Jason Isbell Criticized Morgan Wallen’s Surprise Appearance On The Grand Ole Opry

Morgan Wallen had a strange 2021. He was very commercially successful as his second album Dangerous: The Double Album was the most popular album of the year. However, he was also caught on camera using the N word, a moment that evoked tons of backlash from mainstream critics. In one of his first interviews since the incident, Wallen called his use of the slur “playful,” but has also said a number of times that it was wrong for him to say it and apologized. Since Dangerous is the first album to stay at No. 1 on the Billboard charts for eight weeks in over a decade, it’s clear that Wallen still has plenty of listeners despite the misstep.

But others aren’t so quick to forgive him. When Wallen made a surprise appearance on the Grand Ole Opry this weekend, when an artist he’s collaborated and written with, Ernest, was performing. Ernest is a co-writer on Wallen’s “More Than My Hometown” hit, and the pair recently released the collaboration “Flower Shops,” so naturally, Ernest invited Wallen to perform that tune with him on the Opry stage. While the Opry itself seemed to welcome the surprise, others artists criticized the institution for tacitly co-signing Wallen. Jason Isbell, in particular, has spoken out about the situation. Early on, Wallen covered Isbell’s incredible song, “Cover Me Up,” so naturally Jason feels the need to speak out, and he even donated all the proceeds from Wallen’s version to the NAACP.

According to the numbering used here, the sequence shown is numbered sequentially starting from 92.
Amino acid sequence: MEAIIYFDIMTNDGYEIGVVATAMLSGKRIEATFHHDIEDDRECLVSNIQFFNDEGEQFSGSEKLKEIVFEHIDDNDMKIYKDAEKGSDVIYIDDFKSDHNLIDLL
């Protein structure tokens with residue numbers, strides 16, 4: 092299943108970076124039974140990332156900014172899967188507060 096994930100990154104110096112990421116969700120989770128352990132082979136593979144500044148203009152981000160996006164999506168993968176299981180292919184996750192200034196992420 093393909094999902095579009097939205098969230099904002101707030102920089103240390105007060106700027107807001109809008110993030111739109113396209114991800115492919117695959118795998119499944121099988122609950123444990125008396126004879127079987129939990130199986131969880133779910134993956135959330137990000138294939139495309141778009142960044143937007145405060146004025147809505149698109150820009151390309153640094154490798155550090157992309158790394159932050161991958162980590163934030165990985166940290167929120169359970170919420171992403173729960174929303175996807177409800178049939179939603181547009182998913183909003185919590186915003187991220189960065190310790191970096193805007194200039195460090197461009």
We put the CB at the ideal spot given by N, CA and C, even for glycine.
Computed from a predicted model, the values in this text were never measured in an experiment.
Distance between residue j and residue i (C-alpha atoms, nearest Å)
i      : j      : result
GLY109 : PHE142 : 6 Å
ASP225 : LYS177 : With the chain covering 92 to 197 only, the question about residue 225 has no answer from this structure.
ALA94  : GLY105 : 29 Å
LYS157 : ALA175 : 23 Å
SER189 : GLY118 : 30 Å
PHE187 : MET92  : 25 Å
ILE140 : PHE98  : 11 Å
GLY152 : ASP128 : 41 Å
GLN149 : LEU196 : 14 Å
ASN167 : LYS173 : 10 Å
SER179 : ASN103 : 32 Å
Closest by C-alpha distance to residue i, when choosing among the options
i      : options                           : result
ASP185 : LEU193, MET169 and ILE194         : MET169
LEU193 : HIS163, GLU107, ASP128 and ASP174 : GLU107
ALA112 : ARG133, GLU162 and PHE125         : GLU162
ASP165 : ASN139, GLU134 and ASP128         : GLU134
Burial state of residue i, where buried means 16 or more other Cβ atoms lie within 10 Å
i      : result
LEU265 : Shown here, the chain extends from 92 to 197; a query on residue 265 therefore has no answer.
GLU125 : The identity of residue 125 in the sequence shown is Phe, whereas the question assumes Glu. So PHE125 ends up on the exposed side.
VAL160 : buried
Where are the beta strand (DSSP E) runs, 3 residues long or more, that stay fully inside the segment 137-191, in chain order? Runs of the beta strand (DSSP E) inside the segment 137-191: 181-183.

“Last night @opry you had a choice- either upset one guy and his ‘team,’ or break the hearts of a legion of aspiring Black country artists,” Isbell wrote. “You chose wrong and I’m real sad for a lot of my friends today. Not surprised though. Just sad. The thing that really upsets me is bigger than one person’s words. It’s the idea of a young Black artist walking into that venue and wondering if ANYBODY is on their side. What a lot of us consider to be a grand ole honor can be terrifying for some. Doesn’t have to be that way.”

Other artists like Joy Oladokun and Alison Russell, who performs as Outside Child, also shared their frustration and sadness over Wallen’s appearance:

A group called the Black Opry, founded by Holly G and described as “a home for Black artists and Black fans of country, blues, folk, and Americana music” also issued an open letter to the Opry about the incident. You can check that out in full below.